National Category
Earth and Related Environmental Sciences
Research subject
Applied Environmental Science
urn:nbn:se:su:diva-122908 (URN)10.1016/j.envsci.2015.07.007 (DOI)000362603400022 ()
Available from: 2015-11-17 Created: 2015-11-11 Last updated: 2017-12-01Bibliographically approved
3. Predictions of Cu toxicity in three aquatic species using bioavailability tools in four Swedish soft freshwaters
Open this publication in new window or tab >>Predictions of Cu toxicity in three aquatic species using bioavailability tools in four Swedish soft freshwaters
2015 (English)In: Environmental Sciences Europe, ISSN 2190-4715, E-ISSN 2190-4715, Vol. 27, no 25Article in journal (Refereed) Published
Abstract [en]


The EU member countries are currently implementing the Water Framework Directive to promote better water quality and overview of their waters. The directive recommends the usage of bioavailability tools, such as biotic ligand models (BLM), for setting environmental quality standards (EQS) for metals. These models are mainly calibrated towards a water chemistry found in the south central parts of Europe. However, freshwater chemistry in Scandinavia often has higher levels of DOC (dissolved organic carbon), Fe and Al combined with low pH compared to the central parts of Europe. In this study, copper (Cu) toxicities derived by two different BLM software were compared to bioassay-derived toxicity for Pseudokirchneriella subcapitata, Daphnia magna and D. pulex in four Swedish soft water lakes.


A significant under- and over prediction between measured and BLM calculated toxicity was found; for P. subcapitata in three of the four lakes and for the daphnids in two of the four lakes. The bioassay toxicity showed the strongest relationship with Fe concentrations and DOC. Furthermore, DOC was the best predictor of BLM results, manifested as positive relationships with calculated LC50 and NOEC for P. subcapitata and D. magna, respectively.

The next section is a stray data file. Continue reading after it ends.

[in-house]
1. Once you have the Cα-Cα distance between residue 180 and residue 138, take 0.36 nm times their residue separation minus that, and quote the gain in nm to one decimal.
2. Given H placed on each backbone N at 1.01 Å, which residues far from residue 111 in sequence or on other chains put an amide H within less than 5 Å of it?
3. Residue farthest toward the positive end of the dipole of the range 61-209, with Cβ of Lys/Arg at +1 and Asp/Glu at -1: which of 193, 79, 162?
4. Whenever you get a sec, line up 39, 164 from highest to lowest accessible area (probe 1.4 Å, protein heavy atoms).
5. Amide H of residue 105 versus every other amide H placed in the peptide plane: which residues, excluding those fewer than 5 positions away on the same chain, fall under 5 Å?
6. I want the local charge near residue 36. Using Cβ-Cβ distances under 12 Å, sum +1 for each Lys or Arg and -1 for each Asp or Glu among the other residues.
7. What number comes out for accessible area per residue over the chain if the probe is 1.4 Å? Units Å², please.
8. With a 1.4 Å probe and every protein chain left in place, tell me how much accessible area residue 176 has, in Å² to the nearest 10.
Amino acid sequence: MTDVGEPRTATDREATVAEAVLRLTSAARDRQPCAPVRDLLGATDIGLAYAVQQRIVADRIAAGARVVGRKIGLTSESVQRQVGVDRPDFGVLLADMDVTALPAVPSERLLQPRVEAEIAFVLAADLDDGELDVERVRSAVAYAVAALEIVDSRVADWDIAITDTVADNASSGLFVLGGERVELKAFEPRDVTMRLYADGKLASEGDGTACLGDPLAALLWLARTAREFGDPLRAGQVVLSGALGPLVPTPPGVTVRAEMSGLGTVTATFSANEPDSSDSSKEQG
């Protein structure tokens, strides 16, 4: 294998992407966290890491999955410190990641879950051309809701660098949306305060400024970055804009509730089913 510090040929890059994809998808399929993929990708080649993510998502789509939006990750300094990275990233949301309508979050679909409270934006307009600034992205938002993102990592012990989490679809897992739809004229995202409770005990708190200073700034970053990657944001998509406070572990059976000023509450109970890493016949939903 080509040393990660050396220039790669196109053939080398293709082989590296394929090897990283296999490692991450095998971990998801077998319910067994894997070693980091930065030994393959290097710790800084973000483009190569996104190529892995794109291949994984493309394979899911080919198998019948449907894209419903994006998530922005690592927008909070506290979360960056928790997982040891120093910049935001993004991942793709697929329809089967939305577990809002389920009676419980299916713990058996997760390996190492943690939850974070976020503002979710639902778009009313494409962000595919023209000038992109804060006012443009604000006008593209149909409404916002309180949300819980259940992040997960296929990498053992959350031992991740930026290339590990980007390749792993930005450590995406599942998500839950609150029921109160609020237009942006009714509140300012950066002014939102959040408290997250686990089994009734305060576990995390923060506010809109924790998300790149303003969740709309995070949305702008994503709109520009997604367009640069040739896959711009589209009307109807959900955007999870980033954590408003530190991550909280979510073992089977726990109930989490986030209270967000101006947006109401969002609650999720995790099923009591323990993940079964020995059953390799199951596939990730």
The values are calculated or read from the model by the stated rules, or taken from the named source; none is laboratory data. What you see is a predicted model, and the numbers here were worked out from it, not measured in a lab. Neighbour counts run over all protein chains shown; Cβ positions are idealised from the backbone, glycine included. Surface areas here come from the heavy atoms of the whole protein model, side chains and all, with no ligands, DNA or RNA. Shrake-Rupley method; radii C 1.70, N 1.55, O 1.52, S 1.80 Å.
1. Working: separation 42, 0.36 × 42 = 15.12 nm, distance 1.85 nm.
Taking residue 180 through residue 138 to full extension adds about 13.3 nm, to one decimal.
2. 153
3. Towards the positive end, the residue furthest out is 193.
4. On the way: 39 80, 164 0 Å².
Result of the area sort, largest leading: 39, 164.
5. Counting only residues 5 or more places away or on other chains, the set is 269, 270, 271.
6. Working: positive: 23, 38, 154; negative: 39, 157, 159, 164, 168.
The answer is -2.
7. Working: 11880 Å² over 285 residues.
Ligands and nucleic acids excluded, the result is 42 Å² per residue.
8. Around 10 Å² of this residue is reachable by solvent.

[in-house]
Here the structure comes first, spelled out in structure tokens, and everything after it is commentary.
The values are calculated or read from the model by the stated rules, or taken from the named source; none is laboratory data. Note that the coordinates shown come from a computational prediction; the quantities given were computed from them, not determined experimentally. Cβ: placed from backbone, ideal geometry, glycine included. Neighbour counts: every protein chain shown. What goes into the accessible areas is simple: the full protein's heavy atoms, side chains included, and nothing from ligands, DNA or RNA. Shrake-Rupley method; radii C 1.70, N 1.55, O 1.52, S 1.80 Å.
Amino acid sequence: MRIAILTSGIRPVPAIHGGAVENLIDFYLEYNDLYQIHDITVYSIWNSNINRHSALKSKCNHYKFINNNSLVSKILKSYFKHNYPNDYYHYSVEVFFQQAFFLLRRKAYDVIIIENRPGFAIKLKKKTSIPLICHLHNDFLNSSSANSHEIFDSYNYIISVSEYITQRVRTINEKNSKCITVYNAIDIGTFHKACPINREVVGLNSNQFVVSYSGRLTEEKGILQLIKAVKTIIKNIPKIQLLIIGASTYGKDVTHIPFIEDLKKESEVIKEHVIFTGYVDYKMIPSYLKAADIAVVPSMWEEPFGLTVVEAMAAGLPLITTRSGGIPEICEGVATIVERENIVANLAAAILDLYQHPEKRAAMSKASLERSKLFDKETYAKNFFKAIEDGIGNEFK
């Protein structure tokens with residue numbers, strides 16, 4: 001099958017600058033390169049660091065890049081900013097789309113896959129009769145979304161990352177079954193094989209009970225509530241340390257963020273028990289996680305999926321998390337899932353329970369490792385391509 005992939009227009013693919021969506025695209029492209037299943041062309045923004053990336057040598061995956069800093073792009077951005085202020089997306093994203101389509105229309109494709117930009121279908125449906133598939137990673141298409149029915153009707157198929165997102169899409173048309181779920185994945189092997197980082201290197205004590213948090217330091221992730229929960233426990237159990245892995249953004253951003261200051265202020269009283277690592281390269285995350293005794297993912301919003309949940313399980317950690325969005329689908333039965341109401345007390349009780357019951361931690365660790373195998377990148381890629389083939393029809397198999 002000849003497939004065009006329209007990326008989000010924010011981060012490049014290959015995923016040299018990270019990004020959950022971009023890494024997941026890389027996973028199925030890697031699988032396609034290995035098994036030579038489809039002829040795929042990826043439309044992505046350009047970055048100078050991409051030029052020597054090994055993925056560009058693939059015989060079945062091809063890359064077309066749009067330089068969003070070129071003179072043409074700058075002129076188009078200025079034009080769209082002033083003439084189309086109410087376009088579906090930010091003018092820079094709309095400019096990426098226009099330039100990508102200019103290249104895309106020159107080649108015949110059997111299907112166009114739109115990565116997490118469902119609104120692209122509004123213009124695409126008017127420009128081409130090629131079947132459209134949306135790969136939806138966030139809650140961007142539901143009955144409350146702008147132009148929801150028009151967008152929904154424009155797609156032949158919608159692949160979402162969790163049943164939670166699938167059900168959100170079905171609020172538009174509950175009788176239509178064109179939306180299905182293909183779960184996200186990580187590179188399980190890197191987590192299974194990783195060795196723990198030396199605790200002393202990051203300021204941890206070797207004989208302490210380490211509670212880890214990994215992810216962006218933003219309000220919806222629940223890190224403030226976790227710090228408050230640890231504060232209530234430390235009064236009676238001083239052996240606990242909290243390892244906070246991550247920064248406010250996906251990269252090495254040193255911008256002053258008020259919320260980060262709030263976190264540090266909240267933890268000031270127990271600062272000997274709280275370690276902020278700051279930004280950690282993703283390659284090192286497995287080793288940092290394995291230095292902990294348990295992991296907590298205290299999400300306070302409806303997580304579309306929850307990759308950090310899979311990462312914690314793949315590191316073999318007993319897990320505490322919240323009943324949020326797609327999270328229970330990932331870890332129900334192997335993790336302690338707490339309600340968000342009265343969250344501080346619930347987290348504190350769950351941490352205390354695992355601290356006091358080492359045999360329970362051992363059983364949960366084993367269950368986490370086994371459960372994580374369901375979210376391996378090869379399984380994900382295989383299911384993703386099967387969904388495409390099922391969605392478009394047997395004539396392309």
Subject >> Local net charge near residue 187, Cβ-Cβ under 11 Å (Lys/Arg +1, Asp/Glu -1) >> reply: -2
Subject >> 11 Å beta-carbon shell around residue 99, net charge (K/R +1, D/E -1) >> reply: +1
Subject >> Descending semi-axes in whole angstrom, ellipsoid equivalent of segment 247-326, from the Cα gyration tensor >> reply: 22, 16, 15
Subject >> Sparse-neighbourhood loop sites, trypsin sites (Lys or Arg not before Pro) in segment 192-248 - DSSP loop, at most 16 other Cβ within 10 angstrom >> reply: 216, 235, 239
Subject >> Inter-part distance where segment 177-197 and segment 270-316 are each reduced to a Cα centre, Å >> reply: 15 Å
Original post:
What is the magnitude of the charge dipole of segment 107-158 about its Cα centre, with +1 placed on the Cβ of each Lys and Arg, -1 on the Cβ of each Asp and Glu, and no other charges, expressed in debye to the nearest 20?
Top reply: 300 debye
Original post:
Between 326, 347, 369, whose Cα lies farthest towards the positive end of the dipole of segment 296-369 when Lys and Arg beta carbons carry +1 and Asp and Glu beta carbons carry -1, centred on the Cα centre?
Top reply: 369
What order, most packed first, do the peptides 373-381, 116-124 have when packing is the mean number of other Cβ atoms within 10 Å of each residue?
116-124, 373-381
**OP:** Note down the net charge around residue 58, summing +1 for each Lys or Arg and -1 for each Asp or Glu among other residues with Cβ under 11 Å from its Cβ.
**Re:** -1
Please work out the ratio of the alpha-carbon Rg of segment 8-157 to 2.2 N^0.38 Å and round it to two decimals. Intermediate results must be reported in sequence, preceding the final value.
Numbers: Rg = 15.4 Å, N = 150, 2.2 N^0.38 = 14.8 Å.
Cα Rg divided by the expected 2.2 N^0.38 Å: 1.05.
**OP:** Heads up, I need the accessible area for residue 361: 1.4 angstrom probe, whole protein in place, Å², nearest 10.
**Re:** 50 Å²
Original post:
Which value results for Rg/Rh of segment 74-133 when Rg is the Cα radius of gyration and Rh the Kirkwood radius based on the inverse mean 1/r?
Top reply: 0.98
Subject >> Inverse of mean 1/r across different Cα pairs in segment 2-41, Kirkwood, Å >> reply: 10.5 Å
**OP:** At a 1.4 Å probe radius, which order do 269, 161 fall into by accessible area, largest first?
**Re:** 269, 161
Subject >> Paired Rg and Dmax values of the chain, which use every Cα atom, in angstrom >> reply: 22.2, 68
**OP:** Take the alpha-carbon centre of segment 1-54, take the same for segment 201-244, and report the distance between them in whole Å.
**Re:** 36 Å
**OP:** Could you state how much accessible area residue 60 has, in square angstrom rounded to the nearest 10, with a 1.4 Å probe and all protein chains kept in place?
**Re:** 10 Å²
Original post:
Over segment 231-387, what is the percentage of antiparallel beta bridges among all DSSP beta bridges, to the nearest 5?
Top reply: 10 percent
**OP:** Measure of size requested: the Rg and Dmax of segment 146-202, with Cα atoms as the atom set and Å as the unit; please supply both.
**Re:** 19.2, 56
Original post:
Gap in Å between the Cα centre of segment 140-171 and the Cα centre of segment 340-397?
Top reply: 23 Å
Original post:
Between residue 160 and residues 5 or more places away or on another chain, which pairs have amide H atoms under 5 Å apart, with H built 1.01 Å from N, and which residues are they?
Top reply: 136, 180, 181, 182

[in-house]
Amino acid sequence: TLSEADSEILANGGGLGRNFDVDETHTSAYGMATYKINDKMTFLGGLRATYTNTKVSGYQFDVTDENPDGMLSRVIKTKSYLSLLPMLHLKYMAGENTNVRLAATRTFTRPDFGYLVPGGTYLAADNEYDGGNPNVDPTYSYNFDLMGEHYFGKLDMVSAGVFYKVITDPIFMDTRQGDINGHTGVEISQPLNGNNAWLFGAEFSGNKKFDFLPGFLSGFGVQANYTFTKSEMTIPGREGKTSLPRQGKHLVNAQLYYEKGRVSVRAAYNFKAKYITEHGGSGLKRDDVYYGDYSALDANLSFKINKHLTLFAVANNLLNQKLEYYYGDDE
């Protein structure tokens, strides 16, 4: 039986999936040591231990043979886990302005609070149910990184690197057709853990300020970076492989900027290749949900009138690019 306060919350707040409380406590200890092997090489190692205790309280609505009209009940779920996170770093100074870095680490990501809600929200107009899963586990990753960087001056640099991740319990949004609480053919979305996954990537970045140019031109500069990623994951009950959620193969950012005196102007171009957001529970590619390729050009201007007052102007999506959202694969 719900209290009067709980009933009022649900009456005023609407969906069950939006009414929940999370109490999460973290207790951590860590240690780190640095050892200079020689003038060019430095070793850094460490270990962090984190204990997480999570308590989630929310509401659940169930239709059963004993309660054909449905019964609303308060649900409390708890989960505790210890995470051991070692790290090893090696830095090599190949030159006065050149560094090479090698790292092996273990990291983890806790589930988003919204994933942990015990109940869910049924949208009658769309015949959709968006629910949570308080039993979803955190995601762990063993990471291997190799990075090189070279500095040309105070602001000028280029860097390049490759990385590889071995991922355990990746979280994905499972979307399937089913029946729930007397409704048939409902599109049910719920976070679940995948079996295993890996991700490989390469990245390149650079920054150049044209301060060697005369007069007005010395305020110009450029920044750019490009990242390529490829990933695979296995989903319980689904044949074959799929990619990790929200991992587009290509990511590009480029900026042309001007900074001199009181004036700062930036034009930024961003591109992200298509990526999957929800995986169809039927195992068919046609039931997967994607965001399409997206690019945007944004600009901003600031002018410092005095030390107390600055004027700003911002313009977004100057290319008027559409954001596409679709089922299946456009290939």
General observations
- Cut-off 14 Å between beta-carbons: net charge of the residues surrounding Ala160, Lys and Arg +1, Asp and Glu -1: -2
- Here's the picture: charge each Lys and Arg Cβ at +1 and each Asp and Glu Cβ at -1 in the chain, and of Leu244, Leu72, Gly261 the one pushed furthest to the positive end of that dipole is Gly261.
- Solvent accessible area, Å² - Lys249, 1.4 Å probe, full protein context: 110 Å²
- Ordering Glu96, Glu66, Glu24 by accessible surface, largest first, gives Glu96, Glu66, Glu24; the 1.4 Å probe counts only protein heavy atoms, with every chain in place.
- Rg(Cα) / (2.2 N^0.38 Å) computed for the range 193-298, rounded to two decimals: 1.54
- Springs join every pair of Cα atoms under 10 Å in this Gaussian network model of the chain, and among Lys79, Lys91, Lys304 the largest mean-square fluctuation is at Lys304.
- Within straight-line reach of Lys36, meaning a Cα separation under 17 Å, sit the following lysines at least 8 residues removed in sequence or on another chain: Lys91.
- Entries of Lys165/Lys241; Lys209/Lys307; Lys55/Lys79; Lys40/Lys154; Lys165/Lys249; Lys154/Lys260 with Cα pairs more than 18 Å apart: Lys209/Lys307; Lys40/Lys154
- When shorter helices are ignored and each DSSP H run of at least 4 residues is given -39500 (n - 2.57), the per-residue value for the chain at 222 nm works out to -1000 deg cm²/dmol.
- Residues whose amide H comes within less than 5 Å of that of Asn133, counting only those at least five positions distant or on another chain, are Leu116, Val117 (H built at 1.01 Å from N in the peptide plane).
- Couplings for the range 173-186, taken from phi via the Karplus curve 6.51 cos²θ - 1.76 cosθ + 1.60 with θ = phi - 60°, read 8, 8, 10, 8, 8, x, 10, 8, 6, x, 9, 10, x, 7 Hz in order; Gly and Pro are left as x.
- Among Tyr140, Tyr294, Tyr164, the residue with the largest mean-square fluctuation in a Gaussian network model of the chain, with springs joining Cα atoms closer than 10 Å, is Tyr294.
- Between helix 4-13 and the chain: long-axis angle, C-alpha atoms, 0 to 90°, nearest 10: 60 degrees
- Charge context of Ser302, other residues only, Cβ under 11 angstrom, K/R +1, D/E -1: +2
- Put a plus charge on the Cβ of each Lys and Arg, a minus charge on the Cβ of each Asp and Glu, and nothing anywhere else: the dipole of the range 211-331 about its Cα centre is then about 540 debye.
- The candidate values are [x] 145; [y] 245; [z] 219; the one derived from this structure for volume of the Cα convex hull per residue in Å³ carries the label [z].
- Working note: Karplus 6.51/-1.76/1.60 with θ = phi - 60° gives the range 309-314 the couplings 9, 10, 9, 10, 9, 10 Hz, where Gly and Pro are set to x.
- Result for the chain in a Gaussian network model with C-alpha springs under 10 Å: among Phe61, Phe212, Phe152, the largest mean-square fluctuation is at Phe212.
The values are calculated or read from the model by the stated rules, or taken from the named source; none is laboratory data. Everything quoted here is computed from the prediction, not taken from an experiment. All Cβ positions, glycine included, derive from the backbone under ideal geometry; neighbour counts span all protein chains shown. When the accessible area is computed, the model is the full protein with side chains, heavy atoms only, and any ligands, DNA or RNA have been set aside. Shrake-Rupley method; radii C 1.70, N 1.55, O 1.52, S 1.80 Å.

Results from this study indicate that the two investigated BLM softwares have difficulties calculating Cu toxicity, foremost concerning the algae. The analyses made suggest that there are different chemical properties affecting the calculated toxicity as compared to the measured toxicity. We recommend that tests including Al, Fe and DOC properties as BLM input parameters should be conducted. This to observe if a better consensus between calculated and measured toxicity can be established.

National Category
Earth and Related Environmental Sciences
Research subject
Applied Environmental Science
urn:nbn:se:su:diva-125493 (URN)10.1186/s12302-015-0058-1 (DOI)
Available from: 2016-01-12 Created: 2016-01-12 Last updated: 2017-11-30Bibliographically approved
4. Can natural levels of Al influence Cu speciation and toxicity to Daphnia magna in a Swedish soft water lake?
Open this publication in new window or tab >>Can natural levels of Al influence Cu speciation and toxicity to Daphnia magna in a Swedish soft water lake?
2015 (English)In: Chemosphere, ISSN 0045-6535, E-ISSN 1879-1298, Vol. 138, 205-210 p.Article in journal (Refereed) Published
Abstract [en]

It is well known that chemical parameters, such as natural organic matter (NOM), cation content and pH may influence speciation and toxicity of metals in freshwaters. Advanced bioavailability models, e.g. Biotic Ligand Models (BLMs), can use these and other chemical parameters to calculate site specific recommendations for metals in the aquatic environment. However, since Al is not an input parameter in the BLM v.2.2.3, used in this study, there could be a discrepancy between calculated and measured results in Al rich waters. The aim of this study was to evaluate if the presence of Al in a circumneutral (pH similar to 6) soft humic freshwater, Lake St. Envattern, will affect the Cu speciation and thereby the toxicity to the cladoceran Daphnia magna. The results show a statistically significant increase in the free Cu2+ concentration with Al additions and that measured levels of Cu2+ significantly differed from BLM calculated levels of Cu2+. Furthermore, there was also a statistically significant elevated acute toxic response to D. magna at low additions of Al (10 mu g/L). However, since the large difference between calculated and measured Cu2+ resulted in a significant but minor (factor of 2.3) difference between calculated and measured toxicity, further studies should be conducted in Al rich soft waters to evaluate the importance of adding Al as an input parameter into the BLM software.

Bioavailability tools, BLM, Sweden, Freshwater, Copper, Al
National Category
Earth and Related Environmental Sciences
Research subject
Applied Environmental Science
urn:nbn:se:su:diva-122242 (URN)10.1016/j.chemosphere.2015.05.099 (DOI)000361772800028 ()
Available from: 2015-11-02 Created: 2015-10-28 Last updated: 2017-12-01Bibliographically approved